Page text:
This is a very rare cold painted Vienna or Wiener Bronze cast in the traditional lost wax technique (called `cire perdue') by FRANZ BERGMANN the renowned workshop that created great pieces with the highest quality level and the best collectors and resale value! Each figurine has been created with great detail, and also with humor. I love the dog knights riding a hobby horse! This old cold painted authentic Vienna or Wiener Bronze orchestra was cast in the traditional lost wax technique (cire perdue). The polychrome painting (several different layers) is called cold painted since it was not fired. This looks even better in person than in photos. This is a complete set with 32 pieces. We will be happy to include the marble chess board, but do caution that its weight will add substantially to the shipping cost. Our packing/insured shipping cost does NOT include cost for the board. We have priced this remarkable offering at very little above what we paid some years ago.
Country of Origin: Austria.
Marks: Bergmann logo (B in the urn) and AUSTRIA on the pieces with enough flat surface to be marked.
32 playing pieces.
Measures approximately 3 1/2" or less, Board measures 14 3/4" by 14 3/4".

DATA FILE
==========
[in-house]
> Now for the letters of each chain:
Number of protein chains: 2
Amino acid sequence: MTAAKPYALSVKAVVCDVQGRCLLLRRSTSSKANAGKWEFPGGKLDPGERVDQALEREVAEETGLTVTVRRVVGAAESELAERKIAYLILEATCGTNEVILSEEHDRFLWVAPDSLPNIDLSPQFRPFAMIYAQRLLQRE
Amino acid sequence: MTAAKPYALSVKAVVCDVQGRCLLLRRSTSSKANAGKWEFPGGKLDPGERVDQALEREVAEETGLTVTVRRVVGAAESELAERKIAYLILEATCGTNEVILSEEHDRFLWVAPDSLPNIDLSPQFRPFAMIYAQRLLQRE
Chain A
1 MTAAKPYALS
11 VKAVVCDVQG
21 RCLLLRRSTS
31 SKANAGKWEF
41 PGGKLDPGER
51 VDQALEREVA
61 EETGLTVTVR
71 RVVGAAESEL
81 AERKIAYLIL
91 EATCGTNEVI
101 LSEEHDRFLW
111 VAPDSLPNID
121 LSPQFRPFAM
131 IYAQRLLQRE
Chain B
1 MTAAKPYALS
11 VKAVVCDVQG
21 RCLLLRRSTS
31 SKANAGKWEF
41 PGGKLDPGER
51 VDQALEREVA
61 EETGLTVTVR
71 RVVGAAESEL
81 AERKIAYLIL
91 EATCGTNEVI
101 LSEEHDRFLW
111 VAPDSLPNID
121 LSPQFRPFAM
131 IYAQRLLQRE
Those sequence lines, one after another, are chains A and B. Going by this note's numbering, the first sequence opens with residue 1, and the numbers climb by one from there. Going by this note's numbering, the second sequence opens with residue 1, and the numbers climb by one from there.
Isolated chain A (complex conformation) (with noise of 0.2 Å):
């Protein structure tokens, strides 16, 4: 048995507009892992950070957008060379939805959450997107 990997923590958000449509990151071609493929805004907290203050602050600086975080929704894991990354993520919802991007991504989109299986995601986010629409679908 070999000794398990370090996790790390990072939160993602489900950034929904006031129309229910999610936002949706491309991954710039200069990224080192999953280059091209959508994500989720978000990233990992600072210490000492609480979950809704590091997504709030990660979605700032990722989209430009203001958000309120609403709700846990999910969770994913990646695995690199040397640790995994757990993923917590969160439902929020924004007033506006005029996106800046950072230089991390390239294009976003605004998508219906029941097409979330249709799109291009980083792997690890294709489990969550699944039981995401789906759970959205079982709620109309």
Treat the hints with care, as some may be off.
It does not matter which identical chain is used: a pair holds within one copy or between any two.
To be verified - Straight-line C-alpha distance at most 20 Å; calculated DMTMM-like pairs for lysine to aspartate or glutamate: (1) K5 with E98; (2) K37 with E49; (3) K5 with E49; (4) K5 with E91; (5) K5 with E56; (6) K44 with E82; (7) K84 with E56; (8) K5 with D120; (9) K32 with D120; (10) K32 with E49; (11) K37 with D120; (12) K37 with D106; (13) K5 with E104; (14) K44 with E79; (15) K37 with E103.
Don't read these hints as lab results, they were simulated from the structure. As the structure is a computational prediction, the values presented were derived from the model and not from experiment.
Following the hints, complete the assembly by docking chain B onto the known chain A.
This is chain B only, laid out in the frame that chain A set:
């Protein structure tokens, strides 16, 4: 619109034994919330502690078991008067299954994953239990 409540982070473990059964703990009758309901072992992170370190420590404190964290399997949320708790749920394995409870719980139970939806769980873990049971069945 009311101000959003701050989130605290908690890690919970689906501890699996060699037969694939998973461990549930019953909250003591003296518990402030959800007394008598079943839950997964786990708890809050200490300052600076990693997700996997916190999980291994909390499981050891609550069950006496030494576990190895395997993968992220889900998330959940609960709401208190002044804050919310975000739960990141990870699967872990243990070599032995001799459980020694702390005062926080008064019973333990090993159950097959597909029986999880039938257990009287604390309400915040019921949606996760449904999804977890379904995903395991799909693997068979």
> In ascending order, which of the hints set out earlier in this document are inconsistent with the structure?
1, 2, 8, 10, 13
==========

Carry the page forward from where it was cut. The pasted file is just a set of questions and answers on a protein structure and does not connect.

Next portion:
Condition: Very Good with expected paint losses.
Franz Bergmann (1838 – 1894) was a professional chaser from Gablonz who came to Vienna and founded a small bronze factory in 1860. His son Franz Xaver Bergmann (1861 – 1936) inherited the Company and opened a new foundry in 1900.
A bit of history of Bronze Sculpture and Lost Wax - Cold Wax.
In the third millennium B.C., somewhere between the Black Sea and the Persian Gulf, an artist crafted a mould in beeswax, covered it in liquid clay and cooked it in a fire. In the flames the wax was lost, replaced by empty space. Tin and copper - alloys of bronze - were gathered and heated. Once melted, the metal was poured into the cavity of the fire-hardened clay. The metal cooled and the sculptor knocked the clay from the metal. The first bronze was cast.
French artisans originally inspired the production of the small bronze figures, but in 1850, a man by the name of Mathias Berman founded the manufactory in the year 1850 in Hernals near Vienna at his own home and started to mould, to chase and to color animal bronze figures. During the World Exhibition in the year 1873, a certificate of recognition for his products was given to him by the Austrian government. This was the birth of what we know today as Vienna Bronze, or in Austrian: "Wiener Bronze".
'Cold painted bronze' refers to pieces cast in Vienna and then decorated in several layers with so called dust paint; the know-how for the mix of this kind of paint has been lost. The color was not fired hence "cold painted". The painting was carried out mainly by women working at home, a typical cottage industry.
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